However, excessive cortisol can be equally damaging. Too much cortisol causes abdominal obesity, high blood sugar (“adrenal diabetes”), muscle wasting, bone loss, immune shutdown, brain atrophy of the hippocampus, poor wound healing, thin wrinkled skin, fluid retention and hypertension. Excessive cortisol frequently causes increased fatigue/decreased energy, irritability, impaired memory, depressed mood, decreased libido, insomnia, anxiety, impaired concentration, crying, restlessness, social withdrawal and feelings of hopelessness.
Burnout is the result of excessive stress exposure, leading to eventual adrenal exhaustion. It can be described as:
“A state of physical, emotional and mental exhaustion caused by long term involvement in emotionally demanding situations.” (Ayala Pines & Elliott Aronson)
Here are some of the key symptoms of stress:
Prolonged exposure to stress and prolonged suffering with symptoms such as those listed will eventually lead to a depleted immune response. When the immune system becomes depleted, it can result in the onset of more chronic degenerative conditions such as:
Ayurveda sees stress as an aggravation of the subtle aspects of the nervous system that are regulated by a principle known as vata. Vata describes one of the three key Ayurvedic dosha, or constitutions. Vata has qualities of being light, subtle, erratic, sensitive and is easily disturbed by too much sensory stimulation, too much food, too much time pressure and too many telephone calls. It is also aggravated by too much fear and anxiety. All of these effects result in a depletion of the body and mind’s ability to cope with life’s experiences; we become tired, fatigued, weakened.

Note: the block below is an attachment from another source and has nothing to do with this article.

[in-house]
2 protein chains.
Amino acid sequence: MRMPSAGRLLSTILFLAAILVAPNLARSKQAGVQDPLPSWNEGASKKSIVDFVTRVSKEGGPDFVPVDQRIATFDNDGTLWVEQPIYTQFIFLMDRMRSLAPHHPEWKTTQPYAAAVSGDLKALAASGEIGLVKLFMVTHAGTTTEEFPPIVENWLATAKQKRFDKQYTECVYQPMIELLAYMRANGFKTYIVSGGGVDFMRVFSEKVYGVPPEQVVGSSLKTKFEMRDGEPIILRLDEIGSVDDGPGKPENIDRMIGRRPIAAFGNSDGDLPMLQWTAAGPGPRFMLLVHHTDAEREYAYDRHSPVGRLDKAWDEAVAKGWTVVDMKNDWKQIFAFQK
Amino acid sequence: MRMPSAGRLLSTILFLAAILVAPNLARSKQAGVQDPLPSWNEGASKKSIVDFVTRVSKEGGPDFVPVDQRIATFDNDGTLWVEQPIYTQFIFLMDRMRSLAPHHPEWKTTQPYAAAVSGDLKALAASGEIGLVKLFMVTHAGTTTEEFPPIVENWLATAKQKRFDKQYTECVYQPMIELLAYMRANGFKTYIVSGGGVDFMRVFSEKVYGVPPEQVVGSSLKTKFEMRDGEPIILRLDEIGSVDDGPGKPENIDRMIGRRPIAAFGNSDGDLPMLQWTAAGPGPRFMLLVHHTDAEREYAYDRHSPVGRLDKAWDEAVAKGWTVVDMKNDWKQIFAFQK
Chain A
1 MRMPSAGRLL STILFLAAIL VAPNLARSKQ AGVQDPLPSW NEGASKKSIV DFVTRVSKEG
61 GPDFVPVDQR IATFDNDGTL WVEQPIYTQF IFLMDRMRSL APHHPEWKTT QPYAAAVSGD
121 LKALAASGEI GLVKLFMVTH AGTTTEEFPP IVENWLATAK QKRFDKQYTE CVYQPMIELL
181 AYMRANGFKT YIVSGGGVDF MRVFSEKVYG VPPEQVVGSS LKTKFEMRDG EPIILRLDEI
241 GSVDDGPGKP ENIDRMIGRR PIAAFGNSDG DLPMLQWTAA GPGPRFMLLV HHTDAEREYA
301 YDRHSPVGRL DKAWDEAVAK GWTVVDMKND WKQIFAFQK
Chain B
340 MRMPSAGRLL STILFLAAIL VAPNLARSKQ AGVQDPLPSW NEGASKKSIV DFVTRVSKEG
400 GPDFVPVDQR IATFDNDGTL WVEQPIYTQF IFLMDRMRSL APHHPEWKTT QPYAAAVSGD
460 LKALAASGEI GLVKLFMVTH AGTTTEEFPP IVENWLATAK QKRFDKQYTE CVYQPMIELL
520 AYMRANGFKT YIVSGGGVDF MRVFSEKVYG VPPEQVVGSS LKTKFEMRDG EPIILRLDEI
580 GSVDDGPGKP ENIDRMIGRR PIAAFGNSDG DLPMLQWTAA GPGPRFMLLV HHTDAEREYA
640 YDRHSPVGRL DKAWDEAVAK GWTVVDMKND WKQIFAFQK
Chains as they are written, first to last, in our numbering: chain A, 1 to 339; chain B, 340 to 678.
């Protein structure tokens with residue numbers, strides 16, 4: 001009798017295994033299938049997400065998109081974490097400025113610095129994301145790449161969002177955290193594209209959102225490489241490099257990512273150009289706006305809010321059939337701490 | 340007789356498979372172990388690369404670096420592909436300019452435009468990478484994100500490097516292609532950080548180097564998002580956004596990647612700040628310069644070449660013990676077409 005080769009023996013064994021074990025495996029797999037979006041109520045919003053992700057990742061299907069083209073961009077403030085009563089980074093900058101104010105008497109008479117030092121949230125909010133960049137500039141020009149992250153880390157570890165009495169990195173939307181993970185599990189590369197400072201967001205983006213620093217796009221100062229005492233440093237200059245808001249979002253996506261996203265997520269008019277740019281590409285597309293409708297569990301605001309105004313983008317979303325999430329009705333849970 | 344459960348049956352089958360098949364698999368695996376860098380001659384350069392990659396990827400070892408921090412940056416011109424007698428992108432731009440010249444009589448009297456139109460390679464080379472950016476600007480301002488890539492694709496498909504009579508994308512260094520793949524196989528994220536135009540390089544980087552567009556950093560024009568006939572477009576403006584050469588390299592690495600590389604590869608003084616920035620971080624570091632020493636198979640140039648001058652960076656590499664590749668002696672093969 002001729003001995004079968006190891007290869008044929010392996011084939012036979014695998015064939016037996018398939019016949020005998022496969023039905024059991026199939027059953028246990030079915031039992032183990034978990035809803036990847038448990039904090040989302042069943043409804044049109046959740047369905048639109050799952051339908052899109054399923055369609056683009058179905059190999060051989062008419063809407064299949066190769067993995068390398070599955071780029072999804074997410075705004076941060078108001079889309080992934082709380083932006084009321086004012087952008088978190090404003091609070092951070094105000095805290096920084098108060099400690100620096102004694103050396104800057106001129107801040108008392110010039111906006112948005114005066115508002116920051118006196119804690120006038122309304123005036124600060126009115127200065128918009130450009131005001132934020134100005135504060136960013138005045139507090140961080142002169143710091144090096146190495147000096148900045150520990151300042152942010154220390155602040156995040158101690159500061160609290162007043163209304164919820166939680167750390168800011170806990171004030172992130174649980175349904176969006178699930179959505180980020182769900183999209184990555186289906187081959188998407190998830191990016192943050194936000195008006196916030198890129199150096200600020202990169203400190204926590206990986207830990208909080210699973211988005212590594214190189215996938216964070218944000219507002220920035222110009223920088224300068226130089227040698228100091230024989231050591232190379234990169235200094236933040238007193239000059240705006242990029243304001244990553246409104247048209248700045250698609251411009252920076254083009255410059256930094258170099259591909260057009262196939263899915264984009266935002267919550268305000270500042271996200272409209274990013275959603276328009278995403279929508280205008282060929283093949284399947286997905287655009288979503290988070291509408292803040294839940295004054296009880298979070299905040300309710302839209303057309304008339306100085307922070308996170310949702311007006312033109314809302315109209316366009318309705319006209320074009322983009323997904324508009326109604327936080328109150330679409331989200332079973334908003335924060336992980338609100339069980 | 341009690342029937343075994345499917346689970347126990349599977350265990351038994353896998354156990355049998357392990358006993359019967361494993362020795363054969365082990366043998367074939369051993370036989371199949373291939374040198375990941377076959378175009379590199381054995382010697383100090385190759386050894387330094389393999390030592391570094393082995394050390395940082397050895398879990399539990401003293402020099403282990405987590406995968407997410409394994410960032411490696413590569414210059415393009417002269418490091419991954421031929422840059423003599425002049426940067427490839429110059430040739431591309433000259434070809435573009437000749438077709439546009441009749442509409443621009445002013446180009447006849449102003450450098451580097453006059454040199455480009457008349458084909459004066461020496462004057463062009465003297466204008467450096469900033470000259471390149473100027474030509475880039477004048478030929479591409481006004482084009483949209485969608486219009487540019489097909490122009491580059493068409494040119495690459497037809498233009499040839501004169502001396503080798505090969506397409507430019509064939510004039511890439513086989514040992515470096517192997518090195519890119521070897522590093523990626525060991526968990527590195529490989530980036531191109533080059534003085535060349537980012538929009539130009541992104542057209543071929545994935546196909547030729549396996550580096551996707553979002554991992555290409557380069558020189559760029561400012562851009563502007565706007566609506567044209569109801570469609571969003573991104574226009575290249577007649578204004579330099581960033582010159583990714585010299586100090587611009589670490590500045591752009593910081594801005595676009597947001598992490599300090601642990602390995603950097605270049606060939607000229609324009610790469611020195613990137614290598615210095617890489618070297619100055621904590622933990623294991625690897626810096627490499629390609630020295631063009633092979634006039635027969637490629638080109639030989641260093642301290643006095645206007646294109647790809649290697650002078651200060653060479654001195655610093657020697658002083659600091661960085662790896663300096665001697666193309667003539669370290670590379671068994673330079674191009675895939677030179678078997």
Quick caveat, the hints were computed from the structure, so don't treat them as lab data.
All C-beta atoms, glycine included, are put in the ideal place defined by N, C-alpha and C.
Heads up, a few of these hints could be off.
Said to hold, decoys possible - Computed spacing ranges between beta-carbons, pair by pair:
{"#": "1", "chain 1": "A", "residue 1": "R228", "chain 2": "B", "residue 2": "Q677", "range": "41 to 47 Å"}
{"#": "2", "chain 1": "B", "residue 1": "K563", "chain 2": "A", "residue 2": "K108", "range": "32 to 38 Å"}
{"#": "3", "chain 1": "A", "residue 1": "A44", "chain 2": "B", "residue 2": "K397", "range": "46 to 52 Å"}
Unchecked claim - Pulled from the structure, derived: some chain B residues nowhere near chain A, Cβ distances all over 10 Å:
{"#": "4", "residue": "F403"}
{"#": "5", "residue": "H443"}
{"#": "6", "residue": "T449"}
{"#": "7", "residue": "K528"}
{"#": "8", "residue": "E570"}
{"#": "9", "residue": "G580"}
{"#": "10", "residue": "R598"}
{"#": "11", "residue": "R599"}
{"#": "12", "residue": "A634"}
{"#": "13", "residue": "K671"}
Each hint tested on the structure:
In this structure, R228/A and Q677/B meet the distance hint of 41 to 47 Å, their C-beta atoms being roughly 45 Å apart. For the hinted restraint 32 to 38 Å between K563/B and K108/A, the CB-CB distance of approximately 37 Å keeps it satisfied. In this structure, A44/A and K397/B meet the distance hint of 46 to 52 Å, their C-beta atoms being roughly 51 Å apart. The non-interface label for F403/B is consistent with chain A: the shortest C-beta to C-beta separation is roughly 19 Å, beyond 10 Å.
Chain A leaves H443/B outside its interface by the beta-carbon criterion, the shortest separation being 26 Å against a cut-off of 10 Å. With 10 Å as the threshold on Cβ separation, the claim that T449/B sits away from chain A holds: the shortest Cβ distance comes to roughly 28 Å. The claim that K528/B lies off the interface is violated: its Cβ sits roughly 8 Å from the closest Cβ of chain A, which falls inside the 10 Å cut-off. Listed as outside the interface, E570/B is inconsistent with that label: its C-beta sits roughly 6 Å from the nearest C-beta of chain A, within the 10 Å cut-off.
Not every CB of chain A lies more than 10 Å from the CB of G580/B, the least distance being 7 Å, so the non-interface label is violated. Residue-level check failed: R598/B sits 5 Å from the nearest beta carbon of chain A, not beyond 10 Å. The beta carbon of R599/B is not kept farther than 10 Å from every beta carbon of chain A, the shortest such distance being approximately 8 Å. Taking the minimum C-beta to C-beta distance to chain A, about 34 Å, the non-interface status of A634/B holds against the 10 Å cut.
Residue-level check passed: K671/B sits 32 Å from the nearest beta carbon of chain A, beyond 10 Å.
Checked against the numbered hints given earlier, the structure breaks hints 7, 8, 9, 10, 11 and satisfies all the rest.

Vata is responsible for regulating inputs and outputs in the body and mind. It is the regulator of homeostasis in the system to ensure a stable inner environment. Failure of this regulating system, or its inability to adapt can lead to stress and its concurrent pathologies. The commonly defined Ayurvedic symptoms of vata disturbance are:
Such symptoms can become worse for changes in the seasons, dry and cold climates, early in the morning, early in the afternoon and later in life. As time progresses these symptoms flip to manifest assluggish energy, fatigue, lack of enthusiasm, no desire to speak and confusion.
Risks associated with conventional treatments
To effectively treat stress, there needs to be two elements to the strategy. The first is too soothe and calm the surface symptoms. The second is to nourish and strengthen the nervous system so that it can manage stress more efficiently. The approach to managing and alleviating stress must be spiritually-emotionally-mentally and physically approached.
Nature holds many gifts for helping us to manage our daily stresses from simple breathing exercises, to soothing massage, to a spectrum of healing plants that can sedate, stimulate, nourish, feed and/or relax the nervous system. All stress involves some change, and severe stress usually involves some form of ‘shock’ to the system. To find balance means you have to digest the shock and adapt to the stress.
There are many herbs that will benefit and support the body through periods of excessive stress exposure. However, we must also consider the importance and impact that small changes in lifestyle can also make. Here are some suggestions: